I’m all ears

Last week it was six months since the fires. Six months since my Dad died. I chose not to write anything about it or even mention it on social media. A couple friends did and I just read what they wrote and kept scrolling.

I’m not going to lie, but it’s been hard. This year hasn’t been very kind to my family. I wrote something for my work blog and don’t really want to rehash it here, but it needed to be wrote. If you care to read it, it’s located here.

I offered advice to my readers about family farming disputes, and I honestly think my advice can apply to about any situation regarding family. The last paragraph sums it up pretty well.

Communicate. Plan. Discuss. Avoiding the tough conversation of who “gets the farm or ranch” won’t solve anything. Everything comes at a price. An open, honest conversation costs nothing.

My mother recently told me I need to help her clean out the closet I used during my years at home. I made an excuse—where am I going to put it in my own house?—and haven’t broached the subject again. I really don’t want to go through that stuff. I know what’s there. One day when I’m really ambitious, I will sort through my stuff. Hopefully it’s sooner rather than later.

I also made the same comment to my two boys that we needed to sort through their toys and gift some of them to my friend’s little boy. You would have thought I suggested giving their “baby horse” or “blankley” to him. Not what I was suggesting to them at all, but somehow I got them energized enough to clean the playroom enough to get it organized. One of these days when it’s too cold to do much outside, I will send them with their Dad and I will sort and purge. Then get the box of toys to my friend.

The debacle with the playroom and toys seriously made me consider not buying any more toys for Christmas and birthdays. I do think the youngest is too young to appreciate doing “experiences” for gifts instead of physical toys that will just take up space and drive his mother crazy. But I’m considering tucking away part of the money spent on toys and creating a fund for experiences. Trips to the zoo or amusement park; a family vacation or trip somewhere out of state; even a train or plane ride.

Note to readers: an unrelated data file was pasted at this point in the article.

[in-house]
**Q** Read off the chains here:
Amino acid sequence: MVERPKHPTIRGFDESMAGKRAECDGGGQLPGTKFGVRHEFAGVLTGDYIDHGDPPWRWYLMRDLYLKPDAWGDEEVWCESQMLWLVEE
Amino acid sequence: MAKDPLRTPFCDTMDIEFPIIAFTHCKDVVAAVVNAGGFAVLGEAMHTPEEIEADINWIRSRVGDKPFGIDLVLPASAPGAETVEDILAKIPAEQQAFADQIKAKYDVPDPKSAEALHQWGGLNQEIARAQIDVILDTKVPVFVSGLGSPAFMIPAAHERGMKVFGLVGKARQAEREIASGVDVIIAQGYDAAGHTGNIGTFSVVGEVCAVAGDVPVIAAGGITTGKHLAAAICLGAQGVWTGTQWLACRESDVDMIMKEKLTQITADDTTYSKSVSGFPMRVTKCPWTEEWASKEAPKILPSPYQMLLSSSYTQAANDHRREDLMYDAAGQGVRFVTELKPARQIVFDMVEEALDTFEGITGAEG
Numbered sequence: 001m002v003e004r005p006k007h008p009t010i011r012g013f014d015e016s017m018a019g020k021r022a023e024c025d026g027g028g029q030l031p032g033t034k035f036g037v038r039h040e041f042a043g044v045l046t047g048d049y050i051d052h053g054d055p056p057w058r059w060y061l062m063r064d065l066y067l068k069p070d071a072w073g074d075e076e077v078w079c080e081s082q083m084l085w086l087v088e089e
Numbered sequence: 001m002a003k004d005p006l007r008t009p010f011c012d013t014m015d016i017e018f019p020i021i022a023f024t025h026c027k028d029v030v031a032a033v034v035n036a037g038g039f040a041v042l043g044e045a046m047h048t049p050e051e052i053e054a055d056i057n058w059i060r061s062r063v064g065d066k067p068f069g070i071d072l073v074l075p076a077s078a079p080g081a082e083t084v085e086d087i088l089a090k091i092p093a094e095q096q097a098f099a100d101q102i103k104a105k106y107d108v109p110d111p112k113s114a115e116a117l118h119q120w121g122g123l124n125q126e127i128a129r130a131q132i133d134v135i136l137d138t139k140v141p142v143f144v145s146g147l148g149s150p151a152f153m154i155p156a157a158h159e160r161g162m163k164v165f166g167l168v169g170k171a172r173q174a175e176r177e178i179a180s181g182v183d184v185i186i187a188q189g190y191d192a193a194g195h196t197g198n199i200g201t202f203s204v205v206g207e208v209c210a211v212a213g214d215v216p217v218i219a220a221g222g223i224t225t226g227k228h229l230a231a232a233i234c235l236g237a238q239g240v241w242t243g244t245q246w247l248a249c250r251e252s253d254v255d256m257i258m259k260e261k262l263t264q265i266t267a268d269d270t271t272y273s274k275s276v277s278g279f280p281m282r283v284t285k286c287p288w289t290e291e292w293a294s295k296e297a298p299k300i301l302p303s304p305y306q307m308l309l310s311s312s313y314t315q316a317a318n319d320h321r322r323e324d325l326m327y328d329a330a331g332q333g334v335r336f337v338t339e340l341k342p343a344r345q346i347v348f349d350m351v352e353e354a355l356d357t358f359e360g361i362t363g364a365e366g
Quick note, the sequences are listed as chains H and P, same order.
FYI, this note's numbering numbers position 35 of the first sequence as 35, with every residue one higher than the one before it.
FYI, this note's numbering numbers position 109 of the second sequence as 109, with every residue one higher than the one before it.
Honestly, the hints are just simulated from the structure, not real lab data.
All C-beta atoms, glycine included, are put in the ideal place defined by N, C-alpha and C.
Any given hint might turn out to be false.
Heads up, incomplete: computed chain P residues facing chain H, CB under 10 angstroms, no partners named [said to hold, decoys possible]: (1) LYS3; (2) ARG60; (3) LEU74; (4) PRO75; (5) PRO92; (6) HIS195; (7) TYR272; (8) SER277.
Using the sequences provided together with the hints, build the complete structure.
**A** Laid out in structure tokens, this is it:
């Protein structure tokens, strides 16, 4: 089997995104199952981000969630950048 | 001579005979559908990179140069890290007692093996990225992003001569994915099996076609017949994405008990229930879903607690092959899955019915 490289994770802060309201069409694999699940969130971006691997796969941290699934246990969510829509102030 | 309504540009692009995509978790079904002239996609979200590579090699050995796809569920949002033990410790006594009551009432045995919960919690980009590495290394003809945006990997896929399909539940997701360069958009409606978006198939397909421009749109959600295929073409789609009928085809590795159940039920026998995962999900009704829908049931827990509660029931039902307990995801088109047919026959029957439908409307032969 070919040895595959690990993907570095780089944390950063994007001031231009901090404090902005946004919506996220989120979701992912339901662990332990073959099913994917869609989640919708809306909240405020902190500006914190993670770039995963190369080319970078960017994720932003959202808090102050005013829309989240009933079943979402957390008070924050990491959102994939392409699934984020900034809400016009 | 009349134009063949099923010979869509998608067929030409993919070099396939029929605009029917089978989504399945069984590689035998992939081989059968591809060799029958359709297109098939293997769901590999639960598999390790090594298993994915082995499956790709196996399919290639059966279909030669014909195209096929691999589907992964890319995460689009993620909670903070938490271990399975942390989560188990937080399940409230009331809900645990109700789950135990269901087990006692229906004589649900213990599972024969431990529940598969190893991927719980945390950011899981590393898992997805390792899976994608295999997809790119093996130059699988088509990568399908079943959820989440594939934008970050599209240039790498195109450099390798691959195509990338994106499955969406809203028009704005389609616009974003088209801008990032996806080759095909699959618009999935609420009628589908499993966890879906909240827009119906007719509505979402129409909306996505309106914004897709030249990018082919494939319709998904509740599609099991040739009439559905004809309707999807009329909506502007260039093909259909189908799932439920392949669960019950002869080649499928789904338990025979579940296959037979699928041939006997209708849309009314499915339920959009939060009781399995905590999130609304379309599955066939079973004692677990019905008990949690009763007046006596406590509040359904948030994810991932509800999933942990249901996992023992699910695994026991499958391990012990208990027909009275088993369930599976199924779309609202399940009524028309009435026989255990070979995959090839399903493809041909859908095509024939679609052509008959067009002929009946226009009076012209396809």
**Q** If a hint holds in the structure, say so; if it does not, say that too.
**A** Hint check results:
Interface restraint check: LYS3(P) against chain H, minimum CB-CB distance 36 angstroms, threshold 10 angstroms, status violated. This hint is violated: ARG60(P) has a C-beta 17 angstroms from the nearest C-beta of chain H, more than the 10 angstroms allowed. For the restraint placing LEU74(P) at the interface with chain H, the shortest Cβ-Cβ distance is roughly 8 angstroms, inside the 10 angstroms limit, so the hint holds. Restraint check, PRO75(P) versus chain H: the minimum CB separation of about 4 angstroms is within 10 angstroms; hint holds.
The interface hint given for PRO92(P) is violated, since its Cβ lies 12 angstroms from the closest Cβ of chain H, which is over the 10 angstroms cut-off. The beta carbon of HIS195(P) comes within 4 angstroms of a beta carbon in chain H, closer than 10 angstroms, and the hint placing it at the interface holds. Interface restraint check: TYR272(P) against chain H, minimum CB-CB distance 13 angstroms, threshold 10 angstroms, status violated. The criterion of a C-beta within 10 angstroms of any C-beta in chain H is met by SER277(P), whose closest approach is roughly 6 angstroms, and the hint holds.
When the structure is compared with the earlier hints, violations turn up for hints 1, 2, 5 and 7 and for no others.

I’m a crappy housekeeper, and the toys just seem to multiply. Same with the dirty socks, granola bar wrappers and stickers. It’s just hard to keep up. If you have thoughts or ideas about curbing the overabundance of toys in my house I’m all ears.

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Five years

My blog will be 5 years old on Jan. 11, 2017. Initially, it started as a way to get out the many thoughts I had swirling around in my head. It helped me get through maternity leave when my first son was born in May 2011. Same with the second in February 2014. It helped me get through the death of my father-in-law and other family and friends. More often than not, I write about subjects that annoy me or make me think, and often times others share my same thoughts and ideas.

Last week before the new year, I decided to go back and look at the statistics for my site. In 2016, I had one of the most viewed blog posts ever, I’m a rural voter. It had 6,517 views. I was completely blown away when it got shared and shared and shared again. In the history of my blog, I’d never had that kind of exposure. It also made me think about the subjects I write about on my blog and how they resonate with readers.

In 2016, I’d only written 11 blog posts, but garnered 8,415 views, most because of the rural voter post. Previously, the most views I’d gotten was 2,922 in the first year of blogging. I’d written 78 posts. So, I guess you can say, I’ve learned that less is more.